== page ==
Sunday, 17 April 2016
Making sense of a Bayesian approach to the world.
With “Perceptual decision making: drift-diffusion model is equivalent to a Bayesian model” (2014) Blitzer et al. have taken the Bayesian approach to the problems that exist when we approach the world as a percepting decision maker. Their target of attack with this paper is the drift-diffusion model of perception, or at least the drift-diffusion model of following a dot as it traverses a computer screen under experimental conditions.
In this kind of experiment, a dot moves across the screen, along some vector, it’s local position is also subject to a Gaussian distribution centred upon the vector at time t.
The participant stares at the screen for a sufficiently long time such that they can infer what direction the dot is traveling in, despite all the associated noise. This is significant because the trajectories of such dots have been associated with “[t]he mean firing patterns of single neurons, for example, in lateral intraparietal cortex (LIP) of non-human primates”.
The authors then tested the coherence of their Bayesian model with that of other models that had been used on data where people had participated in a drift-diffusion experiment trials (where they had either received a pulse of transcranial magnetic stimulation, or had not).
The new Bayesian model was at least as good at modelling the responses of participants are the old “pure Drift Diffusion Model” (pDDM) is.
How is this relevant to thinking about what we do when we are thinking?
Bayesian methods are useful for the formal modelling of things one is uncertain about. The method works by looking for events and gathering data related to those events; we then estimate the likelihood that a particular event has occurred, given the existence of a prior model which has a defined set of possible events, and their likelihoods of having occurred. Then, given the belief (based upon data X, and model M, at time t) that event E has occurred, then model M is updated with this information for time t = t +1.
This is a mechanism which is very good at estimating how to weight the likelihood parameter values for your model, if you have included all the possible parameters, and if you have a lot of data to play with. The underlying assumption of this analytic paradigm, is that this is also a good model for modelling perception and decision with.
To an extent it is useful; it does include both prior understanding of the world, and is capable of ‘learning’ given inputs.
How does it cope with the challenges presented by the post-cognitive perspectives on sense making?
From certain prospects it may be useful for modelling what occurs when we learn. Certainly if we use is as a toy, is could be useful for describing what happens when we are on auto-pilot during those circumstances where you’re driving home, have paid no conscious attention to the route along the way, but have successfully arrived at the destination.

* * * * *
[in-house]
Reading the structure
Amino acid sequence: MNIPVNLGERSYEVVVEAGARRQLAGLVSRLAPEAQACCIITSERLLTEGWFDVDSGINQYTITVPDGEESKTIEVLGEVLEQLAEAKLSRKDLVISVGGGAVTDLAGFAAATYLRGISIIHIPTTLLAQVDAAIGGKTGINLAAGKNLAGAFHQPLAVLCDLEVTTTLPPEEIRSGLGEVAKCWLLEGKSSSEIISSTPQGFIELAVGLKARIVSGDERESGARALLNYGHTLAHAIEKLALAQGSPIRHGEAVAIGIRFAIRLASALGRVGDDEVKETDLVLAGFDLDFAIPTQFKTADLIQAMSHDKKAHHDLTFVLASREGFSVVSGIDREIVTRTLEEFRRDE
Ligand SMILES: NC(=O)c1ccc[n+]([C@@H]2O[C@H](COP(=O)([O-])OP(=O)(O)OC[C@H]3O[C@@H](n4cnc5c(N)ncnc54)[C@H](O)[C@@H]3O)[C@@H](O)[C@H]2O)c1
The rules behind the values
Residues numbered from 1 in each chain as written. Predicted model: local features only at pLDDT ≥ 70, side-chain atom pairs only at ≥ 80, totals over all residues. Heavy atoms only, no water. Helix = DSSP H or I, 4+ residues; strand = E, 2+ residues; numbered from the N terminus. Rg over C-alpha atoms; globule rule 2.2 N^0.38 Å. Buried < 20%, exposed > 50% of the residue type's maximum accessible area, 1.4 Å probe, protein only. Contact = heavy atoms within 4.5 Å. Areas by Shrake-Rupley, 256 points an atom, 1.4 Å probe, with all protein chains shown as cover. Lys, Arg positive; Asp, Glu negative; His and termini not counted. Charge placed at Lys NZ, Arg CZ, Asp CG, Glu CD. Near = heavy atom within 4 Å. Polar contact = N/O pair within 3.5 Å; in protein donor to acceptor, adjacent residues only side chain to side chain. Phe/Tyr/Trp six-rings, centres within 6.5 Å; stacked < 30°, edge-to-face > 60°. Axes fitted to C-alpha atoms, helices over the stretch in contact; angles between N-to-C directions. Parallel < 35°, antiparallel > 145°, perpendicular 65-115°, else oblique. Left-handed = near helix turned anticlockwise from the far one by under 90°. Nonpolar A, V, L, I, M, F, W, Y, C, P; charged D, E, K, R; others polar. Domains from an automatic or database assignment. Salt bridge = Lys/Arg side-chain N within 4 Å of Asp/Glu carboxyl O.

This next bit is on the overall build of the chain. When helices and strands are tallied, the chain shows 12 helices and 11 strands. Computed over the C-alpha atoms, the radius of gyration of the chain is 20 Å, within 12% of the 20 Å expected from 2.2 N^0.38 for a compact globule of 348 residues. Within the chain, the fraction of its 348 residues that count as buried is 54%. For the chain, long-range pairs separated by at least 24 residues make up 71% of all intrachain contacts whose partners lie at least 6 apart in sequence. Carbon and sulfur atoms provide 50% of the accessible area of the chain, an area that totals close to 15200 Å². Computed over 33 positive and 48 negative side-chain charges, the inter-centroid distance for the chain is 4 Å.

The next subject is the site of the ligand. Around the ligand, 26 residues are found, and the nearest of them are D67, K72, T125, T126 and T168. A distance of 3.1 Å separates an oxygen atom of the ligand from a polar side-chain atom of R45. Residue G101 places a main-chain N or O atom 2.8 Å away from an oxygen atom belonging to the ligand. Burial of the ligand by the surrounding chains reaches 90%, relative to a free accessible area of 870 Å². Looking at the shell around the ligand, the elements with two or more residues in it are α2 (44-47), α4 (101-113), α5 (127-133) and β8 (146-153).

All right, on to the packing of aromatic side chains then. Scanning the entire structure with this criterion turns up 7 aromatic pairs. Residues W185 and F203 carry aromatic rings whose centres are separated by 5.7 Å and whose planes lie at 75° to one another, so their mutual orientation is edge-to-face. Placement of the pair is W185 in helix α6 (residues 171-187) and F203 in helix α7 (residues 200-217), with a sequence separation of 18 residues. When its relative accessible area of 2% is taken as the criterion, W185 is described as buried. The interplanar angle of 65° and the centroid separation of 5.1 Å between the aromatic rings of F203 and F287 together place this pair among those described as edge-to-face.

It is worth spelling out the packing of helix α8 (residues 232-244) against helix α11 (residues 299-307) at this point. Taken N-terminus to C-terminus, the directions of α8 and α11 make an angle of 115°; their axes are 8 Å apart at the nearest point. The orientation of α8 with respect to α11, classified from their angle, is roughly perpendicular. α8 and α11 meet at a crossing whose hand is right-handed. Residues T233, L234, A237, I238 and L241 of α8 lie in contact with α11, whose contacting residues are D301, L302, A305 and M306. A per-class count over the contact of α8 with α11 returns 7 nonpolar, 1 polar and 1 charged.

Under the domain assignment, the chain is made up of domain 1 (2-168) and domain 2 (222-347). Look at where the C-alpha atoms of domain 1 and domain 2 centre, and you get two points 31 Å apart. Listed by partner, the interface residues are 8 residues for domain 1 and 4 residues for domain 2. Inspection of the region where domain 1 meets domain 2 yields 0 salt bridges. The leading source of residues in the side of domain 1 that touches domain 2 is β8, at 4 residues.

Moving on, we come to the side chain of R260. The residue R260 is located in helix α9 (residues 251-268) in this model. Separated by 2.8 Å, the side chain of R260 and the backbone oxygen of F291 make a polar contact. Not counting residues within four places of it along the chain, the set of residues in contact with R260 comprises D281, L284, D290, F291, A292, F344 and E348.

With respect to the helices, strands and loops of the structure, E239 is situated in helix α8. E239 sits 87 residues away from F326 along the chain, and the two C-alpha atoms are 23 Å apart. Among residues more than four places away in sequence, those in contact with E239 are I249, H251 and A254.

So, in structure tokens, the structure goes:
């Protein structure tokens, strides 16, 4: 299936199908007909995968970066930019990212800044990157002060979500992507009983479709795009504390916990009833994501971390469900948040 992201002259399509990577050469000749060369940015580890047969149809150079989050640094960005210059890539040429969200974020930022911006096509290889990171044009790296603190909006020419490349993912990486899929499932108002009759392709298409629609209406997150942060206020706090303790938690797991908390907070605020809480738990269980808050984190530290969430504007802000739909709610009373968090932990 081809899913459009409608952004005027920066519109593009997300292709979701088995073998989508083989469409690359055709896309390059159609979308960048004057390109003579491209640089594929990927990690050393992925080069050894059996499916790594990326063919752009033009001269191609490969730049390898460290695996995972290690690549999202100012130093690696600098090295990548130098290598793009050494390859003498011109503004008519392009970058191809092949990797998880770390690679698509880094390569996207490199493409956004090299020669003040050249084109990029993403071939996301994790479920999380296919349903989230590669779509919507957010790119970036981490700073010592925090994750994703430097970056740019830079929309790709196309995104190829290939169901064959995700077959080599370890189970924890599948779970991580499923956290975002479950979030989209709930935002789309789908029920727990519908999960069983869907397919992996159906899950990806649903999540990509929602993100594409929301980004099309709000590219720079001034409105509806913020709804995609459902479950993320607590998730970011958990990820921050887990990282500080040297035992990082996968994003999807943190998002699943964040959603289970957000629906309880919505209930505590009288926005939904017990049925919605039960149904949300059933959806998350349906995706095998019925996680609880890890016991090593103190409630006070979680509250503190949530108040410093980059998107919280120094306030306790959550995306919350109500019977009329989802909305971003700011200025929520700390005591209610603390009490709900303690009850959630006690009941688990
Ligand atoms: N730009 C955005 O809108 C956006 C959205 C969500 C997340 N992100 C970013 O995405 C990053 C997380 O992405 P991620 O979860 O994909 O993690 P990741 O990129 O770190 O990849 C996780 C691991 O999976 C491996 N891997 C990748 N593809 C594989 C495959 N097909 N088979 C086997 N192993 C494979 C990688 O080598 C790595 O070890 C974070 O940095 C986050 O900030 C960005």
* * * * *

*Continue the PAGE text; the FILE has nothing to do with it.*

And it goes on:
Nothing surprising occurred, therefore your model worked perfectly. If however a car, which you assumed would not move (because it was stopped at a red light), suddenly breaks the red and turns left, this may force you back into the moment, force you to think about what happened, cause you to register that the car had what looked to be Estonian licence plates, and lead you to think about crossing roads on the continent, and how their rules regarding red lights are different, and so as a result of this causal chain you update your mental model for how cars are likely to behave at a traffic junction, if they have continental licence plates.
Is it that there is a “continental cars at traffic lights” representation, which is a sub category or “cars”, or “cars at traffic lights”, or is there instead a Gibsonian affordance of “threat that may kill me” which is attached to cars of the continental sort? The Bayesian model is agnostic insofar as it doesn’t attempt to describe the biological mechanism, it is an abstraction of a process.
But, if we have a look at how it is used by Blitzer et al., the Bayesian model is not unproblematic. While they introduce a subjective view upon the world, and one which it is updateable, there are a few concerns with it that ought to get teased out.
Blitzer et al. assume that we see the world relatively transparently, though we pick up a bit of noise as the signal passes through the tissue of the brain, as if we saw it through a dusty window (presumably en route from the eyes to V1).
A difficulty that I’d have with this assumption is that we often see what we expect to see. Consider the bunny-duck image above. It has long been noted that there is a stronger likelihood of reporting that we see a bunny (as compared to a duck) during the Easter period than during Halloween (in the United States at least).
This is a difficulty for the “transparent picture of the world” model that Blitzer et al. intuit.
It introduces a new step in the process of how-we-make-sense-of-the-world, in order to elicit the details which we require if we are to test the model of the process that we wish to make use of.
These framing factors must necessarily be first order parameters of the model that we use, or are deductions about what we ought to be looking for, based upon the model we are using (thus second order consequences of parameters which we believe to be important, and so include in the model).
If the data which is used to test the model is also a function of the model to be tested, there is the risk that tautologies will develop.
It is true that a model can be both useful and unfalsifiable, so long as everything may be contained within a model without contradiction then it’s utility is all that’s important. However it cannot be a model of learning, merely optimisation under specified assumptions, consequently the Bayesian model may be of limited utility in describing scenarios other than once-off games.